Beyond client experiences, prior research has demonstrated that perceptions of service quality are a key driver of health care service use in domains other than family planning [19, 20]. Perceptions of health care quality are informed by interconnected community, health-system and individual factors that interact through social networks and information exchange [19]. It is important to improve quality of services, but if the target community does not perceive services to be of high quality, they may not use the services [19]. Thus, it is important to measure perceived quality of health care services at the community level to determine whether this is a barrier to actual service use.

To date, only a small number of quantitative studies examine quality of services from the community perspective to determine whether and how perceived quality is associated with reproductive health behaviors. An early study by Mroz et al. [21] from rural Tanzania measured perceived quality of services at the local health facility and found that contraceptive use was higher in communities with higher perceived quality than in communities with lower perceived quality. Similarly, a study from Tanzania demonstrated that where perceptions of service quality were higher, institutional childbirth was more common [22]. Likewise, in Malawi, among women who had a recent birth, both general perceptions of facility quality as well as actual experiences at the facility were associated with higher FP service satisfaction [23]. Finally, research in Bangladesh found that women who perceived positive health care provider skills and competence and those who reported satisfaction with provider interactions were more likely to use community clinics than their counterparts with lower scores with regard to these indices [20].

Recently, a small number of studies from Zambia have examined community perspectives of quality of services using qualitative data with a view to informing community participation in FP programming [24,25,26]. The authors recognize the importance of community participation as a key principle of provision of FP services within a human rights framework and thus seek to better assess person-centered perspectives on quality to support social accountability models of programming. Silumbwe et al. [25] demonstrate that health system barriers including distance to facilities, stockouts, provider bias, and appropriate infrastructure for provision of services were key factors identified by communities and providers related to perceived service quality. Thus, the authors recommend the need for additional studies from the perspective of the community to improve client satisfaction and service utilization [25]. This study from Burkina Faso attempts to fill this knowledge gap by using recent qualitative data that explore community perceptions of facility quality to expand our understanding of what community members consider higher (or lower) quality FP services. The objective of the present qualitative study is to examine how women (users and non-users) conceptualize quality of FP services and to determine whether perceptions of service quality differ between groups of women stratified by age, marital status, and FP use experience.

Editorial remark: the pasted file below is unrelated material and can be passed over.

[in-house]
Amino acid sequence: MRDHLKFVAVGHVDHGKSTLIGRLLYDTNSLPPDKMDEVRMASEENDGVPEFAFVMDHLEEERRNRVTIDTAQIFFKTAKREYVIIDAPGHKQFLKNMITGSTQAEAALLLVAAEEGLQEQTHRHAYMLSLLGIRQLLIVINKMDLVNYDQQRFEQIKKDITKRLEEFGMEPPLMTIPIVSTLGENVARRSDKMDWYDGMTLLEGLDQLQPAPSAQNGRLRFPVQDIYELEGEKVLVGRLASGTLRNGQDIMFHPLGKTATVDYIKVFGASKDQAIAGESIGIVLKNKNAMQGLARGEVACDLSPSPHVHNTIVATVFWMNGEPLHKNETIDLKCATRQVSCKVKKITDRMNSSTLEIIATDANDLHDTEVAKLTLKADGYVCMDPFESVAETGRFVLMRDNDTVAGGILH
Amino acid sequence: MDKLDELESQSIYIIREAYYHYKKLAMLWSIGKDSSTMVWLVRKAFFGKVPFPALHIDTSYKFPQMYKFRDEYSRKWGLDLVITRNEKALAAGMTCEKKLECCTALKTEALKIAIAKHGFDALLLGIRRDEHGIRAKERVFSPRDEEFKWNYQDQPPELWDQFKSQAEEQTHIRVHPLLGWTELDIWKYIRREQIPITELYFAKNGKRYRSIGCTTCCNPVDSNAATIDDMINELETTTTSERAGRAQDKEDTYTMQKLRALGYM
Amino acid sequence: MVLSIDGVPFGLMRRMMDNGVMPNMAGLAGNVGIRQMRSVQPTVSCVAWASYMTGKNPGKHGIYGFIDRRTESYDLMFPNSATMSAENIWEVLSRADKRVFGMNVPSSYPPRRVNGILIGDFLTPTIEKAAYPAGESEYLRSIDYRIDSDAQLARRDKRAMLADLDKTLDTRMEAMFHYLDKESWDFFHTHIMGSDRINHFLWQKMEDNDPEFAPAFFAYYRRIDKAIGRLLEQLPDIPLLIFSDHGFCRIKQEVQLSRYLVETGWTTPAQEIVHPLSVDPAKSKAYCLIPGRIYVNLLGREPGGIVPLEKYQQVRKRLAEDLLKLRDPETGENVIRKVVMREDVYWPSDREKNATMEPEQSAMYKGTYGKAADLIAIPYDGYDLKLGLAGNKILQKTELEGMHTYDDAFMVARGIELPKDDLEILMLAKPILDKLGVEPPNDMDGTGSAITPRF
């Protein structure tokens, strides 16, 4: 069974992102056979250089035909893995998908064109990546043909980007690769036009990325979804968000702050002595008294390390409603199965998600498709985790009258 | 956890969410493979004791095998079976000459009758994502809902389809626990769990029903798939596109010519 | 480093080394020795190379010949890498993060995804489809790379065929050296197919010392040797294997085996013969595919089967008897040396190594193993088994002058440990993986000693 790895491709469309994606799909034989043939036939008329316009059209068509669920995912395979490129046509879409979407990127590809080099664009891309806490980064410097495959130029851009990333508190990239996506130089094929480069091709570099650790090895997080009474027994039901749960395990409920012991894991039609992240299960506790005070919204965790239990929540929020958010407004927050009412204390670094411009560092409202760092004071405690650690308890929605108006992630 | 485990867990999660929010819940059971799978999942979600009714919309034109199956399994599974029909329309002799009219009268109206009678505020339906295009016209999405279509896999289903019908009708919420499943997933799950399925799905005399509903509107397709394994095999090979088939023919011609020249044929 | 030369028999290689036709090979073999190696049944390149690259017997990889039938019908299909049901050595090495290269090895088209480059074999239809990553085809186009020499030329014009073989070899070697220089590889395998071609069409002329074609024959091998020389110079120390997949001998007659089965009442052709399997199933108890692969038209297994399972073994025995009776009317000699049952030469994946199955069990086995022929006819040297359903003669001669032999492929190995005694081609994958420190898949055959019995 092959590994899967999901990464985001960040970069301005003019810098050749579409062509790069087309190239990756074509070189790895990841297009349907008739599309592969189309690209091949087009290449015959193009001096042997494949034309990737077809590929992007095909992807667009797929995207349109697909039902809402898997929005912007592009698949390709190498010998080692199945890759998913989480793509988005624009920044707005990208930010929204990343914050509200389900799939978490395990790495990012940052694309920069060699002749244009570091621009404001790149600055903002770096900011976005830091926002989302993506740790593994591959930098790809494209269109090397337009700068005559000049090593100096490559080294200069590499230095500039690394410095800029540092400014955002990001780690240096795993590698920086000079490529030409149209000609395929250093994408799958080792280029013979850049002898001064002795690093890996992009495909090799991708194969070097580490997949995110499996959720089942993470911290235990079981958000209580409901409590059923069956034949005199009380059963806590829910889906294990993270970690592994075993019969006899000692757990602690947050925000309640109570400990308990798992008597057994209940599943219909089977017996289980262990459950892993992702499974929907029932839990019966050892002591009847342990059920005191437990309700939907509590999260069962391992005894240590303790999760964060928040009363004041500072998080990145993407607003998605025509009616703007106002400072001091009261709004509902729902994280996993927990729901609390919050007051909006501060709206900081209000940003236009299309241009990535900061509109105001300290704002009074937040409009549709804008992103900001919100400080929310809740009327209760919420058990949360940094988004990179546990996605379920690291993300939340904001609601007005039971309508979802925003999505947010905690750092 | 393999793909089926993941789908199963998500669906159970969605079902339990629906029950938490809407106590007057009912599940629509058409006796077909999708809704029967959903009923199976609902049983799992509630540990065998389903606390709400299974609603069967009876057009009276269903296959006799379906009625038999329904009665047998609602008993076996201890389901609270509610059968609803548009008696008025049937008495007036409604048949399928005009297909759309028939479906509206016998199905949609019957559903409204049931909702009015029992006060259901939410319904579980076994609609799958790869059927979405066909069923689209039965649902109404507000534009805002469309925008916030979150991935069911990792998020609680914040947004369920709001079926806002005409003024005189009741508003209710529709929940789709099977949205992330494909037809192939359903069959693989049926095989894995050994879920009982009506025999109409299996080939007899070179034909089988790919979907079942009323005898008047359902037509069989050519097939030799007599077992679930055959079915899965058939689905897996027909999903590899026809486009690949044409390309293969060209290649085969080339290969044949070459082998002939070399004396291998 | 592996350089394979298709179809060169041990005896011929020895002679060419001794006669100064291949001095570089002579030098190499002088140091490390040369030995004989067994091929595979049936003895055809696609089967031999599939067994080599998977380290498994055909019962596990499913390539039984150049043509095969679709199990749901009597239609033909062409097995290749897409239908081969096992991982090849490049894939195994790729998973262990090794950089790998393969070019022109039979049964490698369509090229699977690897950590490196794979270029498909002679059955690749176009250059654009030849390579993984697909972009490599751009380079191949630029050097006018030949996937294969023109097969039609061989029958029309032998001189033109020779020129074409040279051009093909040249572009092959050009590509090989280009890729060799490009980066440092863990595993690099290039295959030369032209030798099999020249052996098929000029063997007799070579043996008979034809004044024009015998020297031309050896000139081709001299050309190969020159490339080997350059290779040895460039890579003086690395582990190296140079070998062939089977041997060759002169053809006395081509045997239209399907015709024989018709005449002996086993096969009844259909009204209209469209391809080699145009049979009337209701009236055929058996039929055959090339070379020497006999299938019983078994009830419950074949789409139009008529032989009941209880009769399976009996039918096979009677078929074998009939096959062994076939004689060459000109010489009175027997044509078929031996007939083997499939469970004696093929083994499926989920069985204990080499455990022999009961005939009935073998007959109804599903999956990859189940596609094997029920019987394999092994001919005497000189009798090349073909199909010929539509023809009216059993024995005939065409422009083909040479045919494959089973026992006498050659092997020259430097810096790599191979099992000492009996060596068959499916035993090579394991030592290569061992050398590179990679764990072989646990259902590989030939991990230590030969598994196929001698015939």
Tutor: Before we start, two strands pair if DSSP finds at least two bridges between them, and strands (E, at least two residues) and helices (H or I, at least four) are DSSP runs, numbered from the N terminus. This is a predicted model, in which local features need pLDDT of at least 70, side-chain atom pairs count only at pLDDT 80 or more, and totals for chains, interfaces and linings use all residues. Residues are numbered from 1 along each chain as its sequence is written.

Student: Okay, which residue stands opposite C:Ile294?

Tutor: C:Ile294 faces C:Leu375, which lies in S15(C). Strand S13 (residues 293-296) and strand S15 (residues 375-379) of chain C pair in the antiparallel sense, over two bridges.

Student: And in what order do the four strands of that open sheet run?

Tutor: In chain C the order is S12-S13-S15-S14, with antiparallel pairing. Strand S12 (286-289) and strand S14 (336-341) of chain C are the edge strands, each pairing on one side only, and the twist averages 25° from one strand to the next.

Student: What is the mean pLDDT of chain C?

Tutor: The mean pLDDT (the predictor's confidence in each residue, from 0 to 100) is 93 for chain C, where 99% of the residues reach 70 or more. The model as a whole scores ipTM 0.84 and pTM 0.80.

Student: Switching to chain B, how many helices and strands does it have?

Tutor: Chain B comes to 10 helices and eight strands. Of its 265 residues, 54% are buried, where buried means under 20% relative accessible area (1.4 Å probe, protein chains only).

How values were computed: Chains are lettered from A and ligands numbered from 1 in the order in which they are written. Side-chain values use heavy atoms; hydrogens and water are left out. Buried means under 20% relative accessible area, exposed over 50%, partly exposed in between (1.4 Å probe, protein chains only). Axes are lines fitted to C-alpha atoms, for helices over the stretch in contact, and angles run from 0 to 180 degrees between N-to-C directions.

This qualitative study was undertaken in Burkina Faso, a West African country with a population of about 21.5 million in 2020 [27]. Burkina Faso has seen increases in modern contraceptive use over the last 10 years, starting from 18% among married women in 2012 and increasing to 32% by early 2021 [28]. Since 2012, the government of Burkina Faso has been a key partner in the FP2020 (now FP2030) initiative and has made important commitments to increasing contraceptive use in the country. This has included adopting a policy that makes family planning (FP) free in public facilities, reducing stockouts and ensuring clinical training, equipment, and supplies, supporting community-based services, and providing financial resources to family planning programming [29].